In their never-ending effort to prove Ecclesiastes spot-on, the eco-freaks’ fierce determination to save the world, whether it needs it or not, remains admirable for its sheer … well, something.
It has now reached out to “they that go down to the sea in ships and do business in great waters.” While their latest bit of brilliancy won’t solve supply chain issues when the issue is a combination of a worker shortage and onerous port operation restrictions laid out by government-residing ecofreakos, it will blame everything squarely on seafaring transportation entities. No more fossil-fuel burning Mother Gaia molesting for you, no sirree! We’ve got the perfect solution to scoot you and your containers full of consumer products made by the most acceptable Uyghur slave labor across the waves! It’s brand new! It’s never been tried before! It’ll revolutionize modern transportation! It’s called …
… a sail.
No. Really. They’ve reinvented the sail.
Add ships being dragged along by giant kites to the list of things the industry is exploring in its quest to decarbonize.
At the start of next year, the Ville de Bordeaux, a 154-meter-long ship that moves aircraft components for Airbus SE, will unfurl a 500 square meter kite on journeys across the Atlantic Ocean. It will undergo six months of trials and tests before full deployment.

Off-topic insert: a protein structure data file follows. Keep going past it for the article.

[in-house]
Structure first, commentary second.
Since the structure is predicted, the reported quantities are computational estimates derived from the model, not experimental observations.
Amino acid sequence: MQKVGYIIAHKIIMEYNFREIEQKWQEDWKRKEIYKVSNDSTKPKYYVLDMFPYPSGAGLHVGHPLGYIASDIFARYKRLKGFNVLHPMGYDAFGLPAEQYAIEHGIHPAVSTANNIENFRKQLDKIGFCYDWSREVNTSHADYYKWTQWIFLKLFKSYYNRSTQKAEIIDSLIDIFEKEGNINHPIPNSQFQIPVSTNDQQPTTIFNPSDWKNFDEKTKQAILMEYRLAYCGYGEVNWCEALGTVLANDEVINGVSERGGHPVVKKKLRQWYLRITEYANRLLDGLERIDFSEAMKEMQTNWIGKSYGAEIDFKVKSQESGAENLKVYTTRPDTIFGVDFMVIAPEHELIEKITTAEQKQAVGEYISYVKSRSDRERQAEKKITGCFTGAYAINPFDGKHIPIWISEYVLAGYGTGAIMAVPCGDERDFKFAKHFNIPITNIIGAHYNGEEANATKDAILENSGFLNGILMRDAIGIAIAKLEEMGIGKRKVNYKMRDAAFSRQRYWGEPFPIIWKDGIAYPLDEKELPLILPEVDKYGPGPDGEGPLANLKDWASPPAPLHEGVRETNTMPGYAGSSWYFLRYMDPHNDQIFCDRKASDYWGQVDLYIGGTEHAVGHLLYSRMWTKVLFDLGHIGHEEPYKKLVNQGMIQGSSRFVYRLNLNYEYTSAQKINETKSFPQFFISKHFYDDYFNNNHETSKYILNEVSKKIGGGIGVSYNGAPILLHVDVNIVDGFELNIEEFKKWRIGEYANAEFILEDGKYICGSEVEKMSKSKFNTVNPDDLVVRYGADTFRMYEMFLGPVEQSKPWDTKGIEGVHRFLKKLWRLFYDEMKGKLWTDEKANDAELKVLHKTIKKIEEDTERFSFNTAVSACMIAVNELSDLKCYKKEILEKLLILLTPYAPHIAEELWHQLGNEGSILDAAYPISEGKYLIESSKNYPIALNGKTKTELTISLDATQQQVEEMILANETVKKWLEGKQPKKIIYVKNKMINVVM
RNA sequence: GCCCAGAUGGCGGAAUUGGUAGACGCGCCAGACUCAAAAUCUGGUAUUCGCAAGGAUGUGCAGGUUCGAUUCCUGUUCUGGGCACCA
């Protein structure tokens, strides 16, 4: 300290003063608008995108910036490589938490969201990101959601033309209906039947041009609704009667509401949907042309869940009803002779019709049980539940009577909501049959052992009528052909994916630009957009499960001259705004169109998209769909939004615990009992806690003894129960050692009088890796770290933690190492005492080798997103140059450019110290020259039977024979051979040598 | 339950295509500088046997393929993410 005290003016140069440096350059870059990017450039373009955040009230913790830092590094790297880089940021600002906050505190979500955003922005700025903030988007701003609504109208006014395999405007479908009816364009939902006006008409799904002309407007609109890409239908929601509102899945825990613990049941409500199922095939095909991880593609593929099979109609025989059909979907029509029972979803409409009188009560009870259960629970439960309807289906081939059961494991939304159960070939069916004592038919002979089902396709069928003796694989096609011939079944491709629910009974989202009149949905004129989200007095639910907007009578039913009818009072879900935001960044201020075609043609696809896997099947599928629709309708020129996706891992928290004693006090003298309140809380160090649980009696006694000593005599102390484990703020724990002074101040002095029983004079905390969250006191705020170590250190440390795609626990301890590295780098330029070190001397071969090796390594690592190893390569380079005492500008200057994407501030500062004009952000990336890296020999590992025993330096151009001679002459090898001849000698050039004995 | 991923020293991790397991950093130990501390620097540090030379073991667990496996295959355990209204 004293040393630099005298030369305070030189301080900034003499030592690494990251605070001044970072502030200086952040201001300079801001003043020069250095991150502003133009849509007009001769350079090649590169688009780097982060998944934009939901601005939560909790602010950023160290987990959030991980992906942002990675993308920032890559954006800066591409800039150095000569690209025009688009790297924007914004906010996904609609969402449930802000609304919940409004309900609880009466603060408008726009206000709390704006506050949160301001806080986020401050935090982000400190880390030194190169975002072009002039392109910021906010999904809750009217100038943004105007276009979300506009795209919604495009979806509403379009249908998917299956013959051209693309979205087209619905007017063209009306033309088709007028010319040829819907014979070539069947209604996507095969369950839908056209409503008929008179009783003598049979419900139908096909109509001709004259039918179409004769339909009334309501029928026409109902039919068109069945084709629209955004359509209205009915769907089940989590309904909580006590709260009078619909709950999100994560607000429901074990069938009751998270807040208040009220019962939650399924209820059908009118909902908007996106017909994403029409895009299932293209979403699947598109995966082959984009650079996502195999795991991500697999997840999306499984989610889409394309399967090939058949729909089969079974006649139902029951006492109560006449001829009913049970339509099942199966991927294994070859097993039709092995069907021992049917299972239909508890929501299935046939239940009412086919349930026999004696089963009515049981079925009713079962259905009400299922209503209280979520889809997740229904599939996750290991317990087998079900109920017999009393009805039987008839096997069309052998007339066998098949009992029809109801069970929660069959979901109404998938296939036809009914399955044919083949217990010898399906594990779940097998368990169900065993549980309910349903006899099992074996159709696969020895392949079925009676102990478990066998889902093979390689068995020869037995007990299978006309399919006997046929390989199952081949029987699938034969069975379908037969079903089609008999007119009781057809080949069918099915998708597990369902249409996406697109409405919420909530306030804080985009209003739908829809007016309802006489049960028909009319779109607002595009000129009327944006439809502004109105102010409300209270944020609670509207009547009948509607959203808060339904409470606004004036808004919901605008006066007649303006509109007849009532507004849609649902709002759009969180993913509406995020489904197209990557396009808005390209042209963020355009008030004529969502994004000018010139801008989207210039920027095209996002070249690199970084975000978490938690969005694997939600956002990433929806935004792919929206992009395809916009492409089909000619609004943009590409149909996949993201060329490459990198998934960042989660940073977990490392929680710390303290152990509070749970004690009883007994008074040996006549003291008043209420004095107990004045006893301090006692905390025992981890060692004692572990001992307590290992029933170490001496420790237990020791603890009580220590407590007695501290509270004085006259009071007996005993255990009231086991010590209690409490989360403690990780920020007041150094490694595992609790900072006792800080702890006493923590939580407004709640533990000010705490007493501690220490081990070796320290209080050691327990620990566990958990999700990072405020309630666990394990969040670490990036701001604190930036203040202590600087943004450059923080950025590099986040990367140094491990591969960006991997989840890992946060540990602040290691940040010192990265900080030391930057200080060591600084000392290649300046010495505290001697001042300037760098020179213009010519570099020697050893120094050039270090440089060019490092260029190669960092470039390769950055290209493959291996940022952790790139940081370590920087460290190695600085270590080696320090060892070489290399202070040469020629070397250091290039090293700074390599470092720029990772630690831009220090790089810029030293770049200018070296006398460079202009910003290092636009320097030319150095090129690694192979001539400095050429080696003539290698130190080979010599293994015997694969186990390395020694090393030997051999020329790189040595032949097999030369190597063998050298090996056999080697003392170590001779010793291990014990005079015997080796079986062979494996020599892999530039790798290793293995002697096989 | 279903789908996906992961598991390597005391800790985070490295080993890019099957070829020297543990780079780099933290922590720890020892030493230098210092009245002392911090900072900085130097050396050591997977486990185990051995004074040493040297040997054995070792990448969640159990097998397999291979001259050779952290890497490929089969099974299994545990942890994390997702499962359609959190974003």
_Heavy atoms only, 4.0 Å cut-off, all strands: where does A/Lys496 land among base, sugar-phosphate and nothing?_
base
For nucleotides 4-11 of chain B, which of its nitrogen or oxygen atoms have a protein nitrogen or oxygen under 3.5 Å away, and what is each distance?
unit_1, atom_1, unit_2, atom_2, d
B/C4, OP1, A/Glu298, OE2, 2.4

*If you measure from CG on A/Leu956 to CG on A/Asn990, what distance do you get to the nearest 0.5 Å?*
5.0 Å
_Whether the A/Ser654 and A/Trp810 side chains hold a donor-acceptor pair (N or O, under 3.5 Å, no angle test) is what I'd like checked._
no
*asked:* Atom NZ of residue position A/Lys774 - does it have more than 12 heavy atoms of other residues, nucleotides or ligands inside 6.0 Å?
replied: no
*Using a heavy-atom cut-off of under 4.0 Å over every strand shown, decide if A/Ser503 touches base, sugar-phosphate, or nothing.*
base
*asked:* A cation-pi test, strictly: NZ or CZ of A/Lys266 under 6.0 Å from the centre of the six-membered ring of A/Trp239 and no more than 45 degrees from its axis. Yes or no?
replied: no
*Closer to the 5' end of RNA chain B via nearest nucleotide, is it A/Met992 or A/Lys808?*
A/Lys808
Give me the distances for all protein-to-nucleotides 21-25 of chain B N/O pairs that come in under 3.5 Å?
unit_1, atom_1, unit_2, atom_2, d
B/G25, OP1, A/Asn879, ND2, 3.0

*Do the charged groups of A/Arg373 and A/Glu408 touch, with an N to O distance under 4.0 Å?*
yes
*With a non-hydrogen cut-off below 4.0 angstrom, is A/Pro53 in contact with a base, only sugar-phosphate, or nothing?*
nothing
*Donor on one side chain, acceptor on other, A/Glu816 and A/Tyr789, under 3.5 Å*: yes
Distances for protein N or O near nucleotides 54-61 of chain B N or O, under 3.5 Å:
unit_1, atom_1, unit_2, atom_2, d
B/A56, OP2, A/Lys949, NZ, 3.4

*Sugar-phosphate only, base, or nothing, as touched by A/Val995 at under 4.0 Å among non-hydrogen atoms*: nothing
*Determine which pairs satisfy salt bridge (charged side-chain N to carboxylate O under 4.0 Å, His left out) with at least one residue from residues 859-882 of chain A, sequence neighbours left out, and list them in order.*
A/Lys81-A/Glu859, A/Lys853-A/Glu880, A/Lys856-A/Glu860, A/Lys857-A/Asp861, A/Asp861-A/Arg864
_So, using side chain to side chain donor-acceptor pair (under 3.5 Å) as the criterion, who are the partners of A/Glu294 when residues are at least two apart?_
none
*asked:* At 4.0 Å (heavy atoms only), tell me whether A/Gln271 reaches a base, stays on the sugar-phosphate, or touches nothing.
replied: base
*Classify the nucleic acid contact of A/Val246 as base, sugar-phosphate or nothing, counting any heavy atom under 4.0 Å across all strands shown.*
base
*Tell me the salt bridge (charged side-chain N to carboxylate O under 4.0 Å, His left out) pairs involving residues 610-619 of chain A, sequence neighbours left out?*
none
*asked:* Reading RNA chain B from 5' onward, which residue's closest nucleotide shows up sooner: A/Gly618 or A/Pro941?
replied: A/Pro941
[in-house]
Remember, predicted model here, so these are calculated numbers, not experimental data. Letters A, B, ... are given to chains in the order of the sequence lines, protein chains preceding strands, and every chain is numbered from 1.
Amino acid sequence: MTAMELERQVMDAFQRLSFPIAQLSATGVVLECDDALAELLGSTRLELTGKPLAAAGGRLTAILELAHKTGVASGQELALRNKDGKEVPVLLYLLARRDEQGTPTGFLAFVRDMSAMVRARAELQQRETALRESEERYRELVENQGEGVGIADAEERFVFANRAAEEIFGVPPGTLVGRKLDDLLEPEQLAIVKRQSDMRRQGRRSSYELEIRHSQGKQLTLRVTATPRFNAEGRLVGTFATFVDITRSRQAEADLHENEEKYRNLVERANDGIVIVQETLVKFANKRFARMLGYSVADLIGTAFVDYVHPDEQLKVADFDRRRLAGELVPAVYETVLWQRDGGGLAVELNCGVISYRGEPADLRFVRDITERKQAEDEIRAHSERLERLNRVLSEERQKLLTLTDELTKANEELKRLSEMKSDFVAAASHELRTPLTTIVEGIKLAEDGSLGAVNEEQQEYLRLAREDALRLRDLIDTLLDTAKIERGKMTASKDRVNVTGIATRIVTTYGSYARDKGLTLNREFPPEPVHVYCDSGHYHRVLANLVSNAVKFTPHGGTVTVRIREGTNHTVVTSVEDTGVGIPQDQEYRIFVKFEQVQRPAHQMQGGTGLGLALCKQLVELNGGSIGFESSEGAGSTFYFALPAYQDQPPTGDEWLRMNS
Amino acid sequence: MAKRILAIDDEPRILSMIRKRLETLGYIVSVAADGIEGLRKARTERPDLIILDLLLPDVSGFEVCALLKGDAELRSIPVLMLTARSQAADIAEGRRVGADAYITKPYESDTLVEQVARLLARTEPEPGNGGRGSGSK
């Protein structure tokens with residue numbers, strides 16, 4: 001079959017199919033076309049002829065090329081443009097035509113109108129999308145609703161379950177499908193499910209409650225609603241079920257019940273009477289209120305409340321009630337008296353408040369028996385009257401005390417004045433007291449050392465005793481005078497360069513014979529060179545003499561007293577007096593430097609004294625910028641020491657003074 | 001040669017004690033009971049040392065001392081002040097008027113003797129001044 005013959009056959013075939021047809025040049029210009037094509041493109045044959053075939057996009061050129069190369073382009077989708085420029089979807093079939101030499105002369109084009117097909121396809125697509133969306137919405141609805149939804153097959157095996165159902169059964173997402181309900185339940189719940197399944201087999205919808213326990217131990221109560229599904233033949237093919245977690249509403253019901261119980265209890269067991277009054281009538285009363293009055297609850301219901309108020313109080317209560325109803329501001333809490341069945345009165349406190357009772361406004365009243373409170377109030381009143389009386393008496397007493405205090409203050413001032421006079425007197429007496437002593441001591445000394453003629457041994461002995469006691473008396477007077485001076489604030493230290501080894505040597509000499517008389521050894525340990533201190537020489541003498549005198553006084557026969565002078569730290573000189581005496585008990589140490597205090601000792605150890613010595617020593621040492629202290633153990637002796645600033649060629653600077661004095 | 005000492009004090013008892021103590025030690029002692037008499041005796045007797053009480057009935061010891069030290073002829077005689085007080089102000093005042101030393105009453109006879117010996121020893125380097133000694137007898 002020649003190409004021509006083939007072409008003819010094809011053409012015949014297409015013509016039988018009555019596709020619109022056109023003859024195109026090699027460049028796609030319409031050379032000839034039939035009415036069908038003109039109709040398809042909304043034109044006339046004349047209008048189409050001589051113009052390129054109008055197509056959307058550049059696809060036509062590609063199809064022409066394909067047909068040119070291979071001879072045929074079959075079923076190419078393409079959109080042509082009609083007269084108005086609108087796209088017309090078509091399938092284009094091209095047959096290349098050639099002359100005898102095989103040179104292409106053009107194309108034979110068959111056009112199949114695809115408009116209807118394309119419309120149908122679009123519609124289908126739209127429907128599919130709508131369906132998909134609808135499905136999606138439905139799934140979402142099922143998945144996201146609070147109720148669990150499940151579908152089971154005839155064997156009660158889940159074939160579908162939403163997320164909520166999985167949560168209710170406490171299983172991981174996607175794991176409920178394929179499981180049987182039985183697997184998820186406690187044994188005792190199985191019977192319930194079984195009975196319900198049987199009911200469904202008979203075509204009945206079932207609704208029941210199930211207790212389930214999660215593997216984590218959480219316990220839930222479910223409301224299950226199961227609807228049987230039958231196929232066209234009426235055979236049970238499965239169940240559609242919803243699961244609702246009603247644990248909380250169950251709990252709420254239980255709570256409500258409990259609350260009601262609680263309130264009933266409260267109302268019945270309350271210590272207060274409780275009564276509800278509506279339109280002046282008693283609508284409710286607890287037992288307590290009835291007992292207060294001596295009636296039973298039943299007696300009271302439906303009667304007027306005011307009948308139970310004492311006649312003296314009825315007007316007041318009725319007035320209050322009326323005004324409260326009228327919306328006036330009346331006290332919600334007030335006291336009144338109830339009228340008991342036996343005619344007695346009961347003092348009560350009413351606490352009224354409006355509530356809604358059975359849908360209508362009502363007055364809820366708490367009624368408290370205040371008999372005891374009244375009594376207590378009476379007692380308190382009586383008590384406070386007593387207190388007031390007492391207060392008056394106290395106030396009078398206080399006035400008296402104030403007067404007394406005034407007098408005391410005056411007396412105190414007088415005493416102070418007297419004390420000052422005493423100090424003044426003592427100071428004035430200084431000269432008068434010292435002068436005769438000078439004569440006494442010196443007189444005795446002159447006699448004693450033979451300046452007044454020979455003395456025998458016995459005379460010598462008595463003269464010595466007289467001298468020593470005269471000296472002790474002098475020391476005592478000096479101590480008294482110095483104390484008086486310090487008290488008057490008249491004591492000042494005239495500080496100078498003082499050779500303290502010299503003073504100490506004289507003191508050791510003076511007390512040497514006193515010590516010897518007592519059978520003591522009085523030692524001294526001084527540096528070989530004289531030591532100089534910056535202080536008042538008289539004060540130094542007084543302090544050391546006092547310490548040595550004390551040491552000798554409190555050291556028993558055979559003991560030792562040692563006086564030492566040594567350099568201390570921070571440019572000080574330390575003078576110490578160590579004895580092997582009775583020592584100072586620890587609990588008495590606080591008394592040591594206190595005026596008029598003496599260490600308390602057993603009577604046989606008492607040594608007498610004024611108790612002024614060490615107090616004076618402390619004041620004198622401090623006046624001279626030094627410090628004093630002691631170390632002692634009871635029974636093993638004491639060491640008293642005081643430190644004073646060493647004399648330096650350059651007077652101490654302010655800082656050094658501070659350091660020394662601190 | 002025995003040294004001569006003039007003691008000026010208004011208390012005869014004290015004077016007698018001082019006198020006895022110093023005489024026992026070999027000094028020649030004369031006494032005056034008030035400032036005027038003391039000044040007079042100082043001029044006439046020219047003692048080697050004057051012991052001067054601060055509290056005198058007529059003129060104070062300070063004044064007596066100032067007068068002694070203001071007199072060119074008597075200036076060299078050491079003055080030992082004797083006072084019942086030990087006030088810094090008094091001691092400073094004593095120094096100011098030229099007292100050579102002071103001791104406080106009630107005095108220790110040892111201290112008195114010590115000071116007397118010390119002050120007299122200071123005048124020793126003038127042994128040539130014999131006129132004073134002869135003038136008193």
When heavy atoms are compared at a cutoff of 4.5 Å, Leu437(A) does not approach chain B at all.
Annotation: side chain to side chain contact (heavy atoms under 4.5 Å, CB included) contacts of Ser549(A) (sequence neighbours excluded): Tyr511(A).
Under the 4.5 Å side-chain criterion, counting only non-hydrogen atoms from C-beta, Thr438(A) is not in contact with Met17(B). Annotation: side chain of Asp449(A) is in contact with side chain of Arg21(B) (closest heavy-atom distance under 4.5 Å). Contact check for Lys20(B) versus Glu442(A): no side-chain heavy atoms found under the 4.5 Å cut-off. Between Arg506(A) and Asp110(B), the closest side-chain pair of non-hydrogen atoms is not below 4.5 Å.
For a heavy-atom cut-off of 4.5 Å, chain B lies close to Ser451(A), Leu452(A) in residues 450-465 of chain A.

That sound you’re hearing is Captain Jack Sparrow laughing his head off.
Making matters even more tragically comic, it’s not a proper sail or set of sails. At least with those, if you do it right, you can sail against the wind. No, it’s a glorified bedsheet. Deploy one of these bad boys, and you are more at the mercy of the wind than the Edmund Fitzgerald was at the hands of a Lake Superior storm.
It’s not like the idea of augmenting those propellers under the water thingies with some directly applied wind power hasn’t been tried as of late. High-tech propulsion augmentation systems utilizing wind power, such as the Flettner rotor, are out there. The problem is that they don’t work very well. That’s being nice about it.
Snark aside, the notion of saving money by cutting back on the amount of fuel a cargo ship uses to get from Point A to Point B has been on the mind of every shipbuilder and transportation carrier since the first oil-burning vessel hit the water sometime in the 19th Century. The perfect cargo ship would have massive container capacity, be stable even in the roughest seas, and move along at the fastest possible clip. Oh, and be as economical to run as possible. And, yes, produce as little pollution as possible. Now, what kind of propulsion method offers the last two items in spades?
One other option: have Greta Thunberg tow all cargo ships with her yacht.